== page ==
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Posted: July 23, 2004

Spiritual Caregiving

At the End, Spiritual Well-Being Really Matters

In southwest Broward County, Florida, an 82-year old man lay pondering the ethics of ending his life. Some 18 months earlier he'd been participating in the community and attending temple, but now he was in palliative care for mesothelioma, his lungs failing miserably, debilitated from years of inhaling asbestos as an engineer during World War II.

He was a member of the Hemlock Society, which offered a quick and painless alternative to the painful death he feared. Yet ultimately his decision had little to do with physical pain.

According to a new study published in the British medical journal The Lancet, a person's sense of spiritual well-being makes a huge difference for those facing such decisions. From December 2000 to June 2002, researchers at Calvary Hospital in New York City surveyed 160 cancer patients with less than three months to live who sought palliative care. The patients' attitudes toward death were assessed through scales for spiritual well-being, depression, hopelessness, and suicidality.

The researchers found that patients with a strong sense of spiritual well-being were less likely to desire a hastened death, to feel hopeless, or to be suicidal. Patients with the greatest sense of peace and meaning, as opposed to those who found comfort in religious beliefs, reported the strongest sense of spiritual well-being.

For the man in Florida, that spiritual connection was aided by his hospital chaplain, Thom McLeod. McLeod, who is now the clinical resource for psychosocial spiritual care for VITAS, the nation's largest hospice care provider, spoke with the elderly man repeatedly.

Their initial intellectual conversations gave way to what most pained the man: His born-again Christian daughter feared that he would go to hell and that she would never see him again. "We talked about how both faiths allowed for an afterlife and how through the love and mercy of God, a father and daughter could never be separated," McLeod says. "After that, he began to relax. Even though he was deteriorating, he required less pain medication."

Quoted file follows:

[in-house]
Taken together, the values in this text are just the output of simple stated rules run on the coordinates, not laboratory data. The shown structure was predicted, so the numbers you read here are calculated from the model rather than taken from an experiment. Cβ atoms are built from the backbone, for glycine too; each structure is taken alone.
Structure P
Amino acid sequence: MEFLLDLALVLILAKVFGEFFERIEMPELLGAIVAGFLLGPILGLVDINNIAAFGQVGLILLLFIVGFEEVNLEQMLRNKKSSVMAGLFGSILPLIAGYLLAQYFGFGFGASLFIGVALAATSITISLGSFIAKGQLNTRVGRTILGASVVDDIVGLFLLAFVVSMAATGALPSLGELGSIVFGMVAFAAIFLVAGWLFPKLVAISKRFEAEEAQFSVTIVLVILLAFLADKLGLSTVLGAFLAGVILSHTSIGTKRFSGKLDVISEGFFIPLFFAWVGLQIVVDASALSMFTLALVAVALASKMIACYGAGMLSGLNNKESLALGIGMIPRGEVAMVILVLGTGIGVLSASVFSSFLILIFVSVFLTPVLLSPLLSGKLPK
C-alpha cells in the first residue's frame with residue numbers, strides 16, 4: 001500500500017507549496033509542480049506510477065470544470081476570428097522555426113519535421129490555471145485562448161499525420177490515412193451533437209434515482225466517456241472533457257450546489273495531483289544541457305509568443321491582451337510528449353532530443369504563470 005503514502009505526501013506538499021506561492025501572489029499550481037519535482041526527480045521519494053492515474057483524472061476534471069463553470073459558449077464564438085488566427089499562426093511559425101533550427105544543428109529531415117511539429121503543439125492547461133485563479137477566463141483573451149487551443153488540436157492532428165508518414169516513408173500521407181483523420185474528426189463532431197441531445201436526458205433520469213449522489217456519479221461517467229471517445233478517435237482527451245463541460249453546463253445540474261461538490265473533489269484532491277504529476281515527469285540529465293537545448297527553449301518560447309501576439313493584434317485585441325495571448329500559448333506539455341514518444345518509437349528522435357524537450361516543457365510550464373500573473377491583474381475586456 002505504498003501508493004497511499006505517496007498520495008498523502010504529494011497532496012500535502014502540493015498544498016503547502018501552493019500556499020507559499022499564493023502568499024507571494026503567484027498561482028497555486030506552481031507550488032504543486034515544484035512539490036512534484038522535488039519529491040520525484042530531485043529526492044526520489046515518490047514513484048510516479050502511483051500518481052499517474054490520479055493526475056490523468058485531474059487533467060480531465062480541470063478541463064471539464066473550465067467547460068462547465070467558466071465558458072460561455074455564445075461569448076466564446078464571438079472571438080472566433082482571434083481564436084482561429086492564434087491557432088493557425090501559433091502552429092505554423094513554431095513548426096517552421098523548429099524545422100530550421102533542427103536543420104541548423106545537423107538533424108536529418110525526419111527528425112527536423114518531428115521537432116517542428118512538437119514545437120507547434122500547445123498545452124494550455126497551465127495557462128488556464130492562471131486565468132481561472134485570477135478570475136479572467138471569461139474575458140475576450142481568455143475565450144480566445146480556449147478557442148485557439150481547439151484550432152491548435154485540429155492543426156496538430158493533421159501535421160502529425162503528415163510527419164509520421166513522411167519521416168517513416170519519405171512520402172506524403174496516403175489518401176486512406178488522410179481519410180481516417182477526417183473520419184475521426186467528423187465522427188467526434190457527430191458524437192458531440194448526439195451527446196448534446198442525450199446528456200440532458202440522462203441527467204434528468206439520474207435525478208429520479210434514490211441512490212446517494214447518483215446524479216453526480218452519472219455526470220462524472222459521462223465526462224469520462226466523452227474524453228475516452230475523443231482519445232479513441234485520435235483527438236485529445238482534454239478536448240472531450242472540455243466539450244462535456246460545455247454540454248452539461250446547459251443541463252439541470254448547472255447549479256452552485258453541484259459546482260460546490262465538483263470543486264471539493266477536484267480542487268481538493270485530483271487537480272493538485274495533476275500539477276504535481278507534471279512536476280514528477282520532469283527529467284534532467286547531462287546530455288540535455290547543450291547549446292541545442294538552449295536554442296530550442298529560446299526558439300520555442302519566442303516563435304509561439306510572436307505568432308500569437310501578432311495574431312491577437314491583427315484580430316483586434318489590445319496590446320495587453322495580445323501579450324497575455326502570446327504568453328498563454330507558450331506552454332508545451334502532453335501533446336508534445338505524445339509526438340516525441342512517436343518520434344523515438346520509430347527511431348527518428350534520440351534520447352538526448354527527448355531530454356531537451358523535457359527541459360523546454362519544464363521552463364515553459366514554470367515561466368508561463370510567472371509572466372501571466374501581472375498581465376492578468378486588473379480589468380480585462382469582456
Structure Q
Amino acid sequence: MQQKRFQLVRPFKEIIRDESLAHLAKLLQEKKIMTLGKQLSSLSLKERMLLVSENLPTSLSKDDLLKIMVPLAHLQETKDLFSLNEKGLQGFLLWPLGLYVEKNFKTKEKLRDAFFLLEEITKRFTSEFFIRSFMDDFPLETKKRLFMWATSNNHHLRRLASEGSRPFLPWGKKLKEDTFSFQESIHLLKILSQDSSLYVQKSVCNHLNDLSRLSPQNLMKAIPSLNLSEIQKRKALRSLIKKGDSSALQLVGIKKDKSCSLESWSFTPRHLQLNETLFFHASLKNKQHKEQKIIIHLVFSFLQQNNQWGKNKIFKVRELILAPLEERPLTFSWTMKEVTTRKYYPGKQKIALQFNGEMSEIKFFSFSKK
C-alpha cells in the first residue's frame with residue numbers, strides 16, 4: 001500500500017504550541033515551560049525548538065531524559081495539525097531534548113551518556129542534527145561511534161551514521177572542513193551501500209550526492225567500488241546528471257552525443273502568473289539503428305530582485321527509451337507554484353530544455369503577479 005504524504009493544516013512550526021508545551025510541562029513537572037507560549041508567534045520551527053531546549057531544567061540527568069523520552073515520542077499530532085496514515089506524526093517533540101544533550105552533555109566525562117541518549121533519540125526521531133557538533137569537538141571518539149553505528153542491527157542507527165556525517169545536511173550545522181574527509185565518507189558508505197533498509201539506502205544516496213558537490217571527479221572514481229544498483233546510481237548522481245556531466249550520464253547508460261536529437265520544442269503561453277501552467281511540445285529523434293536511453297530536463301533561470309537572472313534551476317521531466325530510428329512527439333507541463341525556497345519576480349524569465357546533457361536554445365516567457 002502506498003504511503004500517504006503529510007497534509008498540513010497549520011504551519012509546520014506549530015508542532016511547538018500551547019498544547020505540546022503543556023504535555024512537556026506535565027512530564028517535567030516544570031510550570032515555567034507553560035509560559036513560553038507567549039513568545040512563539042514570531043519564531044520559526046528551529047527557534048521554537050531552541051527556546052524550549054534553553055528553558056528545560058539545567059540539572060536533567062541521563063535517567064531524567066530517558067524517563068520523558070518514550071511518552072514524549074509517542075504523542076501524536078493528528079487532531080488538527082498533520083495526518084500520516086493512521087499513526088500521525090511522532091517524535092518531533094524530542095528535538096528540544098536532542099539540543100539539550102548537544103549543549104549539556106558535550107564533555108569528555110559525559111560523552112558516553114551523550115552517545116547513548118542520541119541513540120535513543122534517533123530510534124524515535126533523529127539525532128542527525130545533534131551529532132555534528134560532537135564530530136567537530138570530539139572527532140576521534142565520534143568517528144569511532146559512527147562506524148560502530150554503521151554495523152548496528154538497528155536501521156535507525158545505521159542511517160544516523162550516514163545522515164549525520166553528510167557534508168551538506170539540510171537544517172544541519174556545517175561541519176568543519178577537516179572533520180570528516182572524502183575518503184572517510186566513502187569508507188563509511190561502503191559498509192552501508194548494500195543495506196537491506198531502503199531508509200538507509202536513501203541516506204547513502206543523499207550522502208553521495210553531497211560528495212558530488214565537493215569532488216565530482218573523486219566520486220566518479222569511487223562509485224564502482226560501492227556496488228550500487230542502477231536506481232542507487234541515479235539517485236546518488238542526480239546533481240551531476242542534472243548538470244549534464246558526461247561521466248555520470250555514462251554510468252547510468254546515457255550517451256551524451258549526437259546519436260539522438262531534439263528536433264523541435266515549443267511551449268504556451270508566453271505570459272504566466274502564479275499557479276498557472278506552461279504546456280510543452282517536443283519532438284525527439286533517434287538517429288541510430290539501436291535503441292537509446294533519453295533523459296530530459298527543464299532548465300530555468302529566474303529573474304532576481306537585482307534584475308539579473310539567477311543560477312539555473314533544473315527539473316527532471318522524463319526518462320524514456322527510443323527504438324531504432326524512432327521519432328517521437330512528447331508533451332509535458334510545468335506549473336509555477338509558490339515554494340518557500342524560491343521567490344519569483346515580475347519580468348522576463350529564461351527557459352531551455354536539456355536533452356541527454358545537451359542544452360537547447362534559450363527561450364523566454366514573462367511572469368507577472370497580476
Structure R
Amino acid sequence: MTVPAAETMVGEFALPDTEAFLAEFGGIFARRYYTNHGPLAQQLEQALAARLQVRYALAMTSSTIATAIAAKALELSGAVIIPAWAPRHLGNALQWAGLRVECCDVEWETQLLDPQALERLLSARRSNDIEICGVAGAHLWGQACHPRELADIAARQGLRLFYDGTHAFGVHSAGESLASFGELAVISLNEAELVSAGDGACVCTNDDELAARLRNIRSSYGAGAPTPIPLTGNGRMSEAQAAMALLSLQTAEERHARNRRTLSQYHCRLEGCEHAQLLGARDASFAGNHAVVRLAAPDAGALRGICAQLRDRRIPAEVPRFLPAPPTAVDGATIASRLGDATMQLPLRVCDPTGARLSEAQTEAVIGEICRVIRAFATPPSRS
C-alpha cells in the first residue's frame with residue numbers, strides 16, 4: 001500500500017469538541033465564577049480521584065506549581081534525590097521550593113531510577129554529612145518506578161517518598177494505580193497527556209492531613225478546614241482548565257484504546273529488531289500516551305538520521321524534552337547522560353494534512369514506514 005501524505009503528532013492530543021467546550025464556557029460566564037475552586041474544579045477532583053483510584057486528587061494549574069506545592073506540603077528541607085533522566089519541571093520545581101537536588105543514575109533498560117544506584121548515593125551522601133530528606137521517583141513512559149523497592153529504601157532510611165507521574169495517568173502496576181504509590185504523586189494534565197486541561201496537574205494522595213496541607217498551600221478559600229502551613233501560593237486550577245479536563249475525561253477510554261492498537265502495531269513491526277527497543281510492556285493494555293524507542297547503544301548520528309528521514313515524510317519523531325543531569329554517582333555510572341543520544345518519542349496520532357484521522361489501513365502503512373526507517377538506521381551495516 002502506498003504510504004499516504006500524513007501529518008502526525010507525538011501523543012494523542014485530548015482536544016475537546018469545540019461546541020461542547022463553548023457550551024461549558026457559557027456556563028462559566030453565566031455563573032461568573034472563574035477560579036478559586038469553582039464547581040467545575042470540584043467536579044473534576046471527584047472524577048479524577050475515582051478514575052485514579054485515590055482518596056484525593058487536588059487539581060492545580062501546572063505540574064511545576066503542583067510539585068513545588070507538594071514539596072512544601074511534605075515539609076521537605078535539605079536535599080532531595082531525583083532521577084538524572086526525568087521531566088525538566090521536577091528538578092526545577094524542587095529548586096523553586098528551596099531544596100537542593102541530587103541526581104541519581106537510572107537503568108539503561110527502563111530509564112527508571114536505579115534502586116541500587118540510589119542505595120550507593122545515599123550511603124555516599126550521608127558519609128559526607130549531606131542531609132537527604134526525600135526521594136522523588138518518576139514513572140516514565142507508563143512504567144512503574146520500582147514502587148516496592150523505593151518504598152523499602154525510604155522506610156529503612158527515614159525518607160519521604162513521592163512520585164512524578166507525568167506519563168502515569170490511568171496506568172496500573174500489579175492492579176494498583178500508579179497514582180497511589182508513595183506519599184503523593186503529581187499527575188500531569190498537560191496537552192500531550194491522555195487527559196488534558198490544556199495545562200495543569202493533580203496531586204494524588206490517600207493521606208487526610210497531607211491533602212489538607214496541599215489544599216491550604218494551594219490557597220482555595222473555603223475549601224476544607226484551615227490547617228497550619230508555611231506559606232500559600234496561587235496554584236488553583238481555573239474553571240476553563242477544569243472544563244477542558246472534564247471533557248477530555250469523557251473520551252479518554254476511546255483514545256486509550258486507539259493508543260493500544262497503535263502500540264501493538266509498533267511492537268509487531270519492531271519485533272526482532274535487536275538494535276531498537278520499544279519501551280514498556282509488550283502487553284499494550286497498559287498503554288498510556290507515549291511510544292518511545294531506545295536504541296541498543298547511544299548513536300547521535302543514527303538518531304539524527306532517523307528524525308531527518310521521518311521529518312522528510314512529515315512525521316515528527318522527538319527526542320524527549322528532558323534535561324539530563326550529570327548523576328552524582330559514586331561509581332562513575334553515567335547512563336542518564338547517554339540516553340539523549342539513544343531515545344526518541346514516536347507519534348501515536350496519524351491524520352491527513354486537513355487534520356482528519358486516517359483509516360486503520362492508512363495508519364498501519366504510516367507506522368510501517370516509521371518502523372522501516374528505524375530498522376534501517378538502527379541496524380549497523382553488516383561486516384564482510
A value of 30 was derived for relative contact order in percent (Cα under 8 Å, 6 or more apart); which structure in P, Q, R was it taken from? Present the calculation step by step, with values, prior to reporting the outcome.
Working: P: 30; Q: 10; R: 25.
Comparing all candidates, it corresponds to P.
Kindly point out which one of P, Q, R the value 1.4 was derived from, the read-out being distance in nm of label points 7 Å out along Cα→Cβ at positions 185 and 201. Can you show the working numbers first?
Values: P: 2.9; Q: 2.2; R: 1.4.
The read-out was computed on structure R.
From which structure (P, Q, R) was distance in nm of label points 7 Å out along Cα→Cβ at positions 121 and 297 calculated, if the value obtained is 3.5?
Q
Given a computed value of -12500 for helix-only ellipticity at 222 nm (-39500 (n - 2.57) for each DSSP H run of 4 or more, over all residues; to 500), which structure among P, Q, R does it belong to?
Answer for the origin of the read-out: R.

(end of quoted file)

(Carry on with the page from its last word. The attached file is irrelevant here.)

"Seeing psychological distress as a palliative care issue is a novel idea for a lot of people. Many still think in terms of physical symptoms only," says Barry Rosenfeld, Ph.D., associate professor of clinical psychology and one of the study's authors. Rosenfeld is now researching the effectiveness of meaning-centered group therapy, a spiritual intervention to help the terminally ill find peace and meaning before dying.

About two weeks after the calming conversation with McLeod, the man from Broward County died in the most peaceful of settings: at home in his own bed.

This article originally appeared in Spirituality & Health magazine, For subscriptions call 1-800-876-8202 or see Editor Stephen Kiesling and his staff contribute weekly columns, features and articles published every Friday as "Spiritual Caregiving" at Contact staff directly via email at

© 2004 Pederson Publishing, Inc. All Rights Reserved.
Commercial use, redistribution or other forms of reuse of this information is strictly prohibited without the prior written permission of Pederson Publishing.

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